It’s also a motivation to write something new here, which I need to do more often.
The Cliff Notes version of his post is “Atheist lives are miserable because they do not have God to thank for everything.” (Do please read the post, I don’t want to be accused of misrepresentation.) Having been a fundamentalist Christian for over a decade, I am familiar with his thought process in this regard. “Giving thanks to God” is a consistent theme in the Bible, wherein the writers make it abundantly clear that Yahweh loves to be praised and thanked on a continual basis.
So let’s consider the things that he thanks God for and see if his thanksgiving is properly directed. For reasons of simplicity, I am going to respond as though directly to Pastor Alin:
I have a wife.
I’m presuming that your wife, at some point, decided that you were the kind of guy that she wanted to marry. So, I’m guessing that you should be thanking her for being your wife – rather than thanking God that you “have a wife”. (Also, she might not be too thrilled at being included among a list of personal possessions.)
I have a house. I have food and a computer.
I’m guessing that your steady employment and reasonably good credit are the reason why you are able to own a house. Similarly, having food and a computer are a result of your ability to secure a job that provides a salary that permits you to have both.
I have a bed
and clean water.
Courtesy of your local water treatment plant.
Sure, you can thank a god for all of these things. From a rational standpoint, though, it all seems ill-directed and frankly a bit silly. No god swung down from heaven and poofed all of these things into your life. You met your wife, you courted her, won her affection, and she decided you were suitable husband material. You found your job, you earn your salary, you buy the things you need and want from that income. You’re fortunate enough to have been born in a country with government infrastructure that makes sanitary living possible.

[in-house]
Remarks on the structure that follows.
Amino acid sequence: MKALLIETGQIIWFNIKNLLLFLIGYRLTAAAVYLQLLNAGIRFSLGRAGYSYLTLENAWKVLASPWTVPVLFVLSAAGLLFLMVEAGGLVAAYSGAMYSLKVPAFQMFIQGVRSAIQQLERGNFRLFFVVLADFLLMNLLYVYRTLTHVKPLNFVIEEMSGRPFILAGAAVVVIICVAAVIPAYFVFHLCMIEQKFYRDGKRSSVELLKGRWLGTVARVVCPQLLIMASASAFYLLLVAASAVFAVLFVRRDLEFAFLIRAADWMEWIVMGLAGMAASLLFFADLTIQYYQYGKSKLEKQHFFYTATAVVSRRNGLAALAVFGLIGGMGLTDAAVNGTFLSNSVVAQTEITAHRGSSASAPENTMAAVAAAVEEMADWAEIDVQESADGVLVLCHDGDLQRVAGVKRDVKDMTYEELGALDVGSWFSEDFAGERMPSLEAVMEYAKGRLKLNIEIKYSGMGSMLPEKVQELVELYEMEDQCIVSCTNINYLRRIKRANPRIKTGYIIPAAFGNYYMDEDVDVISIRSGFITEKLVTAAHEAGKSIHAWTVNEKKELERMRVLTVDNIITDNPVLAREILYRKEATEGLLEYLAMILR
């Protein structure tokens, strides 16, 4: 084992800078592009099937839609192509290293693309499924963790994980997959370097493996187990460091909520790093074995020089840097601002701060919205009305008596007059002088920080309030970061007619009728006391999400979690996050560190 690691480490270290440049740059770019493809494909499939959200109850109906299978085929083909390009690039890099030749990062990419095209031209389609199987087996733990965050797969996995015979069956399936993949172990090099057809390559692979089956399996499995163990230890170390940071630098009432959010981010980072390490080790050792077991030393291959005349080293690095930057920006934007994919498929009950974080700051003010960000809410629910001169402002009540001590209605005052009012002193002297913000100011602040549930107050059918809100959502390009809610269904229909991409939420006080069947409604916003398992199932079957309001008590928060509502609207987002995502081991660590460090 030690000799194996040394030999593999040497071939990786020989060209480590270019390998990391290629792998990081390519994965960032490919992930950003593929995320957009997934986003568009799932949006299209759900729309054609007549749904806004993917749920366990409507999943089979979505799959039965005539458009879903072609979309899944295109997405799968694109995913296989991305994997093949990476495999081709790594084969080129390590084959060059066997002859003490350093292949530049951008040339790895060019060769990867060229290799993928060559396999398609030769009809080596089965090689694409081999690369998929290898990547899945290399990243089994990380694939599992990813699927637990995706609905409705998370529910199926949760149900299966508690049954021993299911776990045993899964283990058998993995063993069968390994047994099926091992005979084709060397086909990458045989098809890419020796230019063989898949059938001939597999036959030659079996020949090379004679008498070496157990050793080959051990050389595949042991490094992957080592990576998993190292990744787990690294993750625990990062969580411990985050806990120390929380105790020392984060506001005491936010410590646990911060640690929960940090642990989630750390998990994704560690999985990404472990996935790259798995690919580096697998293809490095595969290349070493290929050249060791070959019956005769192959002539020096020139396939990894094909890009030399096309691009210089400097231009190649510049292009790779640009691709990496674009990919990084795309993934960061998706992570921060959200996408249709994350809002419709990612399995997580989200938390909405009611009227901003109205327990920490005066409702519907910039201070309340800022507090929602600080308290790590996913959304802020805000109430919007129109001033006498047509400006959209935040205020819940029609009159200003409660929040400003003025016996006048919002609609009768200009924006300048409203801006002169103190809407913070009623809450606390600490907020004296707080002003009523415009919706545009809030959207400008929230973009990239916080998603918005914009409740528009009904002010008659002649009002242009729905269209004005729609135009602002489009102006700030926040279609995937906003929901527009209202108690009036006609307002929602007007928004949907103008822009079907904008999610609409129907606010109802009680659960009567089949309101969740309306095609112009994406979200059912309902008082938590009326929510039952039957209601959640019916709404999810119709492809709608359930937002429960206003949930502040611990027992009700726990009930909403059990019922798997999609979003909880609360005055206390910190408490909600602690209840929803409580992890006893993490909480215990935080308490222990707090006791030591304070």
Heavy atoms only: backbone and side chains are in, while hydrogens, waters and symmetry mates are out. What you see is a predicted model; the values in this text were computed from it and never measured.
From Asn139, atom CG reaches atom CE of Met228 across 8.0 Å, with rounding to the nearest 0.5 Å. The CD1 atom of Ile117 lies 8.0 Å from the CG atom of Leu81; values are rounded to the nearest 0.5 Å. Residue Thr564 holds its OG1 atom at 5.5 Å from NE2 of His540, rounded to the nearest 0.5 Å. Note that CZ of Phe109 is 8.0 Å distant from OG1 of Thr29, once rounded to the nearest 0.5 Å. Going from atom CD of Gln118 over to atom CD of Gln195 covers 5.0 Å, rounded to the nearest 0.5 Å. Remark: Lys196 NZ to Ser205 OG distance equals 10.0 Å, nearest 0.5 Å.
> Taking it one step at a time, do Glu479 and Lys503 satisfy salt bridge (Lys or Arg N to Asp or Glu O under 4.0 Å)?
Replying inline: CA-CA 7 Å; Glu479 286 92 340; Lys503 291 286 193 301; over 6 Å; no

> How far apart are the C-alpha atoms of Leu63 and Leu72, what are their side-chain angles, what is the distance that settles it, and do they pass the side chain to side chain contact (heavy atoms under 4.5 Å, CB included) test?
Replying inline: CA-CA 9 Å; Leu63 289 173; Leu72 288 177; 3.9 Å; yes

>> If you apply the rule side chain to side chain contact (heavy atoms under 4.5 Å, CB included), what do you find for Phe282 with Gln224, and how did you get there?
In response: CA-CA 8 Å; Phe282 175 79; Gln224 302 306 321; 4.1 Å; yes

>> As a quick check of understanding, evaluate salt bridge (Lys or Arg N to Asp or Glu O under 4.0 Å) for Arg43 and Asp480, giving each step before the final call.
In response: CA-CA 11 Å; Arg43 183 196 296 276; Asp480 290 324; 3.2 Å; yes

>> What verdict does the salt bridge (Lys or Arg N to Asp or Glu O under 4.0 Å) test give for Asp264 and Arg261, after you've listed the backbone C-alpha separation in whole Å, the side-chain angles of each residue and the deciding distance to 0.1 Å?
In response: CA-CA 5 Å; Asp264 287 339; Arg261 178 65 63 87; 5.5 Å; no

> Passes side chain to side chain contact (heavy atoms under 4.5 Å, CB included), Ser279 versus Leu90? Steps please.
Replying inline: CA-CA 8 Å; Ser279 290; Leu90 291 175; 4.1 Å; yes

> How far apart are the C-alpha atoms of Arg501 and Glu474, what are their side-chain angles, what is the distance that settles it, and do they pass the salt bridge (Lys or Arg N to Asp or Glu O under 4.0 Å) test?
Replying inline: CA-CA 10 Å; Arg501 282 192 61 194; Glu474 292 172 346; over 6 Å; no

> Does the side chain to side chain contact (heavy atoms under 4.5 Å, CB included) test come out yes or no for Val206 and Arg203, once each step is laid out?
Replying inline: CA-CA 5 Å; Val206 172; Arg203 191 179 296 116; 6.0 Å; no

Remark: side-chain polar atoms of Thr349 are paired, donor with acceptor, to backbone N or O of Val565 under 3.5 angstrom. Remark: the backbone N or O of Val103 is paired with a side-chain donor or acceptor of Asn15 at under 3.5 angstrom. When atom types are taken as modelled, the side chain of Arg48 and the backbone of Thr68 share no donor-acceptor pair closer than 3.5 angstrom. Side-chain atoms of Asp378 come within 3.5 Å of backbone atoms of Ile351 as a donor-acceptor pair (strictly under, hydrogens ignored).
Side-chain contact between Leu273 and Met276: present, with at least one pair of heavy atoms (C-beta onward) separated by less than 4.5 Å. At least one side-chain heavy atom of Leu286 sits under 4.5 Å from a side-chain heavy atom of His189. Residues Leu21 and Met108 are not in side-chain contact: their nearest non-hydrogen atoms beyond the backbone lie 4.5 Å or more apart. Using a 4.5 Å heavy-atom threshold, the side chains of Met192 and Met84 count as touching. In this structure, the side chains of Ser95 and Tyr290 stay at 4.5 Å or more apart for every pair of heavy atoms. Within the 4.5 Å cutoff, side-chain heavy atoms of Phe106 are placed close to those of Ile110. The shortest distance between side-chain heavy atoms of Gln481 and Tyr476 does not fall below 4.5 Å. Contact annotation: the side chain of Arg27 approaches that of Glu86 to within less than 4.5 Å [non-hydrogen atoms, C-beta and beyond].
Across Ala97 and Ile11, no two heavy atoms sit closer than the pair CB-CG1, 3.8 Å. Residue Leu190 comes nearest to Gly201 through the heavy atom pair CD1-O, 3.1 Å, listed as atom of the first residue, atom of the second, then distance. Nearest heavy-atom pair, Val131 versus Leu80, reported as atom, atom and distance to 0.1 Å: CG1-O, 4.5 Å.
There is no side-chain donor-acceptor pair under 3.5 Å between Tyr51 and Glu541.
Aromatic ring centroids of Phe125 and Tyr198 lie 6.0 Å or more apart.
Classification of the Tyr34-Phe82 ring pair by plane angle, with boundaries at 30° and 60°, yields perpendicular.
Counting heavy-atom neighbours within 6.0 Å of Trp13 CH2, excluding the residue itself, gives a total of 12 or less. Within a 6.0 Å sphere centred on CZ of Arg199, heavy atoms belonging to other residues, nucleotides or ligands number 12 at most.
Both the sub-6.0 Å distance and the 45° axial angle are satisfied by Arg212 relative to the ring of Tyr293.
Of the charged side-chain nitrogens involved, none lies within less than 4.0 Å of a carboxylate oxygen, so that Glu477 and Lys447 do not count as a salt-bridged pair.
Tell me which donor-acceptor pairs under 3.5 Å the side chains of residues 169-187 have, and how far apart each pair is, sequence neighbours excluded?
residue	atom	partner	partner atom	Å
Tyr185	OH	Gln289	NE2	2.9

This is all fine – people are free to thank whatever they wish for anything, really. However, this is just the jumping-off point for his main thrust:
But who does the atheist thank? In a world without God, is there even room for thankfulness? Is being thankful even rational if there is no God?
If he seriously wanted an answer to this, there are plenty of atheists on the internet that he could have asked. But since he didn’t, I volunteer.
Whatever we have to be grateful for, there is going to be an actual, physical, tangible, real person to whom that gratitude can be expressed. I thank my daughter on a daily basis for being a wonderful human being. I thank my employer for providing the job that keeps this roof over our heads. I thank the person who lets me cut ahead of them in line when I only have three or four items. I thank the server who brings me the food that I order on those nights when I choose to eat at a restaurant. I thank the doctor who took out loans to go to school and spent untold sleepless days to learn how to effectively disagnose and treat my illness. I thank my friends for being caring, loving people.